Talk is cheap when that’s all there is, and we just can’t afford that anymore. So while I’m glad to see you talk, while I’m very happy you woke up and smelled the carbon and dashed off a memo and booked a hotel room in New York so you could get a place at the table, while I’m all for awareness and conversation and questions and suggestions and sitting up on the dais with the ex-president and making a few brief remarks before the big video presentation, what you really need to do is to Do. Something. Now. Make it big. Make it bold. Make it happen. Do the thing that is so audacious, so brave, so valiant, so uncompromising, so selfless that it makes good men weep and strong women gasp in open admiration as they bow before your suddenly self-evident greatness. Whatever it is. Whatever you can imagine. Whatever you can dream. Go for it. Because we can’t wait. We can’t waste time. We can’t talk anymore. We gotta get going or we’re all gonna be gone.

Charting Tomorrow

This interesting chart floated my way the other day from an equally intriguing website called Permatopia.

Here’s what its creators have to say about it:

Permatopia Patterns is a new way of thinking about permaculture. Historically, most permaculture guides and analyses have been focused on individual properties, often rural homesteads. Zones and sectors are key concepts in permaculture analysis, examining how to locate components of a permaculture system based on distance from the house and ecological factors. These are incredibly powerful tools for the personal level, but are far too limited in their scale for a society wide transformation to cope with Peak Oil and climate change.This page shows how the concept of zones can be extended to the goal of “permaculture for nine billion people.” Learning skills at the more local levels can help with efforts to extend to bigger levels, since effective solutions at the biggest levels depend on understanding how the solutions work at smaller levels.

The sectors concept reflects how there are many paths needed to move away from overshoot and collapse. Different people have different skills and interest, no individual or group could possibly address all of the various facets that are needed. The concept of interdependence between these issues (and levels) is one not normally promoted in our hyper-individualized society, but it is the type of path most likely to accomplish common goals.

Whether you are expanding a local community garden, installing utility scale wind power, teaching environmental education to second graders, starting up a community currency barter system, operating a bicycle shop, creating manufacturing cooperatives, campaigning for accountable elections, or any of thousands of other positive things is irrelevant – the key point is that you are doing something that is a piece of the puzzle.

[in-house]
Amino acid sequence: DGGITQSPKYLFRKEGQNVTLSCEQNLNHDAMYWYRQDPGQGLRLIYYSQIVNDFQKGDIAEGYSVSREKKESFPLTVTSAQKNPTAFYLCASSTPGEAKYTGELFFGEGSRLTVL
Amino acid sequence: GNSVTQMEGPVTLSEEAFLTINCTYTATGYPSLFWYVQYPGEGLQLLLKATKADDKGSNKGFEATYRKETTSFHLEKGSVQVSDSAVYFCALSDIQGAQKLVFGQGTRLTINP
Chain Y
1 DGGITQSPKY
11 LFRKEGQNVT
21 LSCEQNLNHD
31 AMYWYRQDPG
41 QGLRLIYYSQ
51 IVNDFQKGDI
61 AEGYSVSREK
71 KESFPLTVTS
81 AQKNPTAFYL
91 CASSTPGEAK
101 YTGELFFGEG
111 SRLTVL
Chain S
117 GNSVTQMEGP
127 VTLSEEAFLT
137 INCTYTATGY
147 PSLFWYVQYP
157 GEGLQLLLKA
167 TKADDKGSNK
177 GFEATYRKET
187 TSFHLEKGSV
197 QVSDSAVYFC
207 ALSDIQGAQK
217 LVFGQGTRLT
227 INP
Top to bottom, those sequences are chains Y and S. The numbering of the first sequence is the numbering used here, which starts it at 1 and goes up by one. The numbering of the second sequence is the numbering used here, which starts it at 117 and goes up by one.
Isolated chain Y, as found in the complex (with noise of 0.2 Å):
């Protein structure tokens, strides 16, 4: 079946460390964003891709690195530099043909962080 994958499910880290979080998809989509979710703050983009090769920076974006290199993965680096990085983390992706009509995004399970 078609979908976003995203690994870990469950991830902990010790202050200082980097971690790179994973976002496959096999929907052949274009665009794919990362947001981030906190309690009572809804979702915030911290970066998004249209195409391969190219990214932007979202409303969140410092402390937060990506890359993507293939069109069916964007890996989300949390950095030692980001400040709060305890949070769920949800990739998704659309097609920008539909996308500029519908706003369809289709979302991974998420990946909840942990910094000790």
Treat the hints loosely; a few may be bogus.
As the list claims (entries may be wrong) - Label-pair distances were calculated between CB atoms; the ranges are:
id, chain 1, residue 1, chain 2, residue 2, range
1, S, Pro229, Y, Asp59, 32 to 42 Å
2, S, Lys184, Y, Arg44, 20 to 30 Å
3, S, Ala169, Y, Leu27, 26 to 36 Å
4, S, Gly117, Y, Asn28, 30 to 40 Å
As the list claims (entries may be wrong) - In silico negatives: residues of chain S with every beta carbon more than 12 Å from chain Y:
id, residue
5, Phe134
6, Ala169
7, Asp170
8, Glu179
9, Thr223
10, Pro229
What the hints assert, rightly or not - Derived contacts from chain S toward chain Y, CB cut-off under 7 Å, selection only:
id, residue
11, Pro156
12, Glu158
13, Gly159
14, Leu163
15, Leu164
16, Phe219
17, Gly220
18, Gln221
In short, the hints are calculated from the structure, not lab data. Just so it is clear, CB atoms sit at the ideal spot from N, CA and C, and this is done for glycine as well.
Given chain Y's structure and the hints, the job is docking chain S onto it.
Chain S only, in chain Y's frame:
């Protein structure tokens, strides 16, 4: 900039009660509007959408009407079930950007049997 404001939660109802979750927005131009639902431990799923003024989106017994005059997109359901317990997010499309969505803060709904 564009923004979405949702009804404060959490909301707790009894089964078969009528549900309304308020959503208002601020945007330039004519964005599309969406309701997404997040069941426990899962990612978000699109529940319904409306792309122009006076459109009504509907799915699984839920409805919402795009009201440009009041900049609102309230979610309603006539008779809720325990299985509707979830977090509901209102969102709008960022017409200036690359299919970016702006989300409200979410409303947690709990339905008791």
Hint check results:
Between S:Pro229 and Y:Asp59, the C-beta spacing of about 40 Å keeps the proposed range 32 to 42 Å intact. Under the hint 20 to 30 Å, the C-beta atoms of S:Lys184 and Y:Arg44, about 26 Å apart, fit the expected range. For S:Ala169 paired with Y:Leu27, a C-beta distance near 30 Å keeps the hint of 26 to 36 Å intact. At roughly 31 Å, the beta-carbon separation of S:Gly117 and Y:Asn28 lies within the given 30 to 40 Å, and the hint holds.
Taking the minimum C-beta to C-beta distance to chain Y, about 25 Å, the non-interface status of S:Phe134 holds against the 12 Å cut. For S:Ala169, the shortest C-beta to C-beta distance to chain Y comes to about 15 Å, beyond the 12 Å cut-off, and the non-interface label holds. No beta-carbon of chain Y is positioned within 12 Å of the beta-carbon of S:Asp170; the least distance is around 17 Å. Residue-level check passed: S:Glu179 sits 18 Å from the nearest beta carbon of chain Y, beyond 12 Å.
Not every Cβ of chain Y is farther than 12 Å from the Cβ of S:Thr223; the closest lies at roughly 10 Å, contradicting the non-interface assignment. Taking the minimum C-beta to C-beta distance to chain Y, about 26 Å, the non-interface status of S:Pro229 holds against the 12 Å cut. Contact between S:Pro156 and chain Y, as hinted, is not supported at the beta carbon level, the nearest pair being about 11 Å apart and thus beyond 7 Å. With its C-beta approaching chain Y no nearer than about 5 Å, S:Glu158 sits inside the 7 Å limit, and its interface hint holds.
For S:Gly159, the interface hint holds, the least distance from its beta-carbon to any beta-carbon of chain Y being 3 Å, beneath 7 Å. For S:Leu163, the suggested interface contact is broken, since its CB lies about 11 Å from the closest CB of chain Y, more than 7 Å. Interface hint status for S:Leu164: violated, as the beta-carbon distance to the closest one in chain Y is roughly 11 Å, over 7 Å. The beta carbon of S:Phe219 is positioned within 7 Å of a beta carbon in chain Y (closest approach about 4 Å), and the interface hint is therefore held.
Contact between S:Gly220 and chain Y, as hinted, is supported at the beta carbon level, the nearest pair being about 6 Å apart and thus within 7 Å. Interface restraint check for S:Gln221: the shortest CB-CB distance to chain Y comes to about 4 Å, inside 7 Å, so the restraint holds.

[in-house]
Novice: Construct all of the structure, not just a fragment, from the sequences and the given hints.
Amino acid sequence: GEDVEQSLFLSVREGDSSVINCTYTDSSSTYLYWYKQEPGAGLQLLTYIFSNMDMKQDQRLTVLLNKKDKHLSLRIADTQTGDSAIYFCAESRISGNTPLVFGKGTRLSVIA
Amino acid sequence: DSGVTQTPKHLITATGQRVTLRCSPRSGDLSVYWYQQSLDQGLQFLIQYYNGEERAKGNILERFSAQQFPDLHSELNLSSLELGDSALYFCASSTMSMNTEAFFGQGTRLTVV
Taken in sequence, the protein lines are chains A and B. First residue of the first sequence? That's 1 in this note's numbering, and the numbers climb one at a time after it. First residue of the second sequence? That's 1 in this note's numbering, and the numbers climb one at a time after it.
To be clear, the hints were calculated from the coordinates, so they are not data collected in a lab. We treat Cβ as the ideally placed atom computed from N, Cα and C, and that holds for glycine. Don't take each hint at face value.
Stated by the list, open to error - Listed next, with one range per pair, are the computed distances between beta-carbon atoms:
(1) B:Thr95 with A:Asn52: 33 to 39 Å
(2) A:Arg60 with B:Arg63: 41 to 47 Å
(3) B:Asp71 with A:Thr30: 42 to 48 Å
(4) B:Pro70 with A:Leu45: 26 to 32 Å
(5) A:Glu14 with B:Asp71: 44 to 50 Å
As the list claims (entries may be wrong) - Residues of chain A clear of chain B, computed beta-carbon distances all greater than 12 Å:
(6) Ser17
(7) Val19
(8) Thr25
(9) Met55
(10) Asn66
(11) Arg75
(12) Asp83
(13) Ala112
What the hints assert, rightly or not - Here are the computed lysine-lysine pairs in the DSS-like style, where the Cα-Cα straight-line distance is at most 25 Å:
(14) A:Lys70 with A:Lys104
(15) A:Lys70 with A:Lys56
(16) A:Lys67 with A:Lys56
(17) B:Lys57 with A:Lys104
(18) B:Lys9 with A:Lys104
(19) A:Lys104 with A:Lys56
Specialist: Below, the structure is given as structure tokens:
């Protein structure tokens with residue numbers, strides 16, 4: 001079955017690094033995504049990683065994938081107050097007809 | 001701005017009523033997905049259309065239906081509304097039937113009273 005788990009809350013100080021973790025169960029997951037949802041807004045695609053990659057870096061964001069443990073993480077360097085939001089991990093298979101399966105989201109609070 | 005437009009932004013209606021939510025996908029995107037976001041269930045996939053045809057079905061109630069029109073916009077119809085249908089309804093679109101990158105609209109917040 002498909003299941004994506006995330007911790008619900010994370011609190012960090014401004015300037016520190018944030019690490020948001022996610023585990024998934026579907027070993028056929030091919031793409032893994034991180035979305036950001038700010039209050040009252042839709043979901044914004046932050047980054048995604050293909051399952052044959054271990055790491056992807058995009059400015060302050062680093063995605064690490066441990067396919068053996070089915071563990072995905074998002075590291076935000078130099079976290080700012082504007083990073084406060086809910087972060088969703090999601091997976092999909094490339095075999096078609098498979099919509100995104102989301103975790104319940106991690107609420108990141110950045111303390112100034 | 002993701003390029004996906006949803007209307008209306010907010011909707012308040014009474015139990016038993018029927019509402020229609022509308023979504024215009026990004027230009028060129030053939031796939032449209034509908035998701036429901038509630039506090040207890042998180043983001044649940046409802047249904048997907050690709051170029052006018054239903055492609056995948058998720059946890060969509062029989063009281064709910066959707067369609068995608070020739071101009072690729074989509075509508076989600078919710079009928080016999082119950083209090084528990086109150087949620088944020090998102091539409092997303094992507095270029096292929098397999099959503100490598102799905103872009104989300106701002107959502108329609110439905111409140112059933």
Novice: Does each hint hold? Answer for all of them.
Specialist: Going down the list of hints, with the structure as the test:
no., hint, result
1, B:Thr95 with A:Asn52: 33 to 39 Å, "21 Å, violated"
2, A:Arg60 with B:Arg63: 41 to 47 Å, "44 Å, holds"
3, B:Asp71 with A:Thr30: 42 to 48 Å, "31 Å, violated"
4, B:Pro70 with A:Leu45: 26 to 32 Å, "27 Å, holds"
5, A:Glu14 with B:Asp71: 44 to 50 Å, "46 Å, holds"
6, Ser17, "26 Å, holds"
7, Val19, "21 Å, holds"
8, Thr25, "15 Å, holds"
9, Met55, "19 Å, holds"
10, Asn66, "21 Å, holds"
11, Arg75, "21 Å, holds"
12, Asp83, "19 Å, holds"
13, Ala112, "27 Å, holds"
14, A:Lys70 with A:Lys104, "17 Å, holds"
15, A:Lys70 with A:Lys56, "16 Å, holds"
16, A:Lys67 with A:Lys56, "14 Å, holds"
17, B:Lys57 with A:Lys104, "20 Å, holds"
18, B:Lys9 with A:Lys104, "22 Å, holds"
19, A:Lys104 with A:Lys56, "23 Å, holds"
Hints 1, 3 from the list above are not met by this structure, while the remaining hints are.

Me likes. It lets you see the ripples flowing outward in the pond and understand how they all come together to create a wave of change from top to bottom or vice versa (pick your own pyramid) that washes away the unpleasantries and leaves us a nice clean beach upon which to build that utopia we’re always talking about. It’s a nice visual representation of the various levels there are to things and how they all tie together. Because isn’t that really all there is to it? Isn’t it really that simple? If I mind my house and you mind yours and the government promotes and funds and legislates the right ideas and technologies and changes and corrections, and the corporations wise up and get in line, (which, really, they should because you make a whole lot more money if you act smart than if you act like some simian human wanna-be sitting in a tree and flinging your poo around the planet as if all the bananas were yours and it was all some big funny monkey game), if we all each do our bit, whatever that bit might be, we’ll all get where we need to go in an official jiffy. Or thereabouts. Roughly, of course.

In fact, a chart like this points out how simple it all really is, how easy it would be to change everything everywhere now and for all time. We just do it. That’s all. We each take care of whatever piece of the pie we’re in charge of, or have influence over or can affect, whether it’s a home or a company or a Congress, and all those things come together in one great big grand unified field theory of eco-regenerative enviro-sustainarenewability, and we’re done. Pretty much anyway. For the most part. It’s like building a house only this one has cork flooring, VOC-free paint, double-paned triple-glazed windows, a closet full of spare compact fluorescent bulbs, and an organic garden out back. You know… the concrete team lays a foundation, the carpenters come in and do their thing. Then the plumbers. Then the electricians. Then the wall board crew and the mud guys. A couple of finishing touches by the fixture installers of your choice and before you know it, you’re serving Great Aunt Edna’s Famous Poppyseed Cake with Lemon Cream Frosting at the housewarming, the organic version, naturally.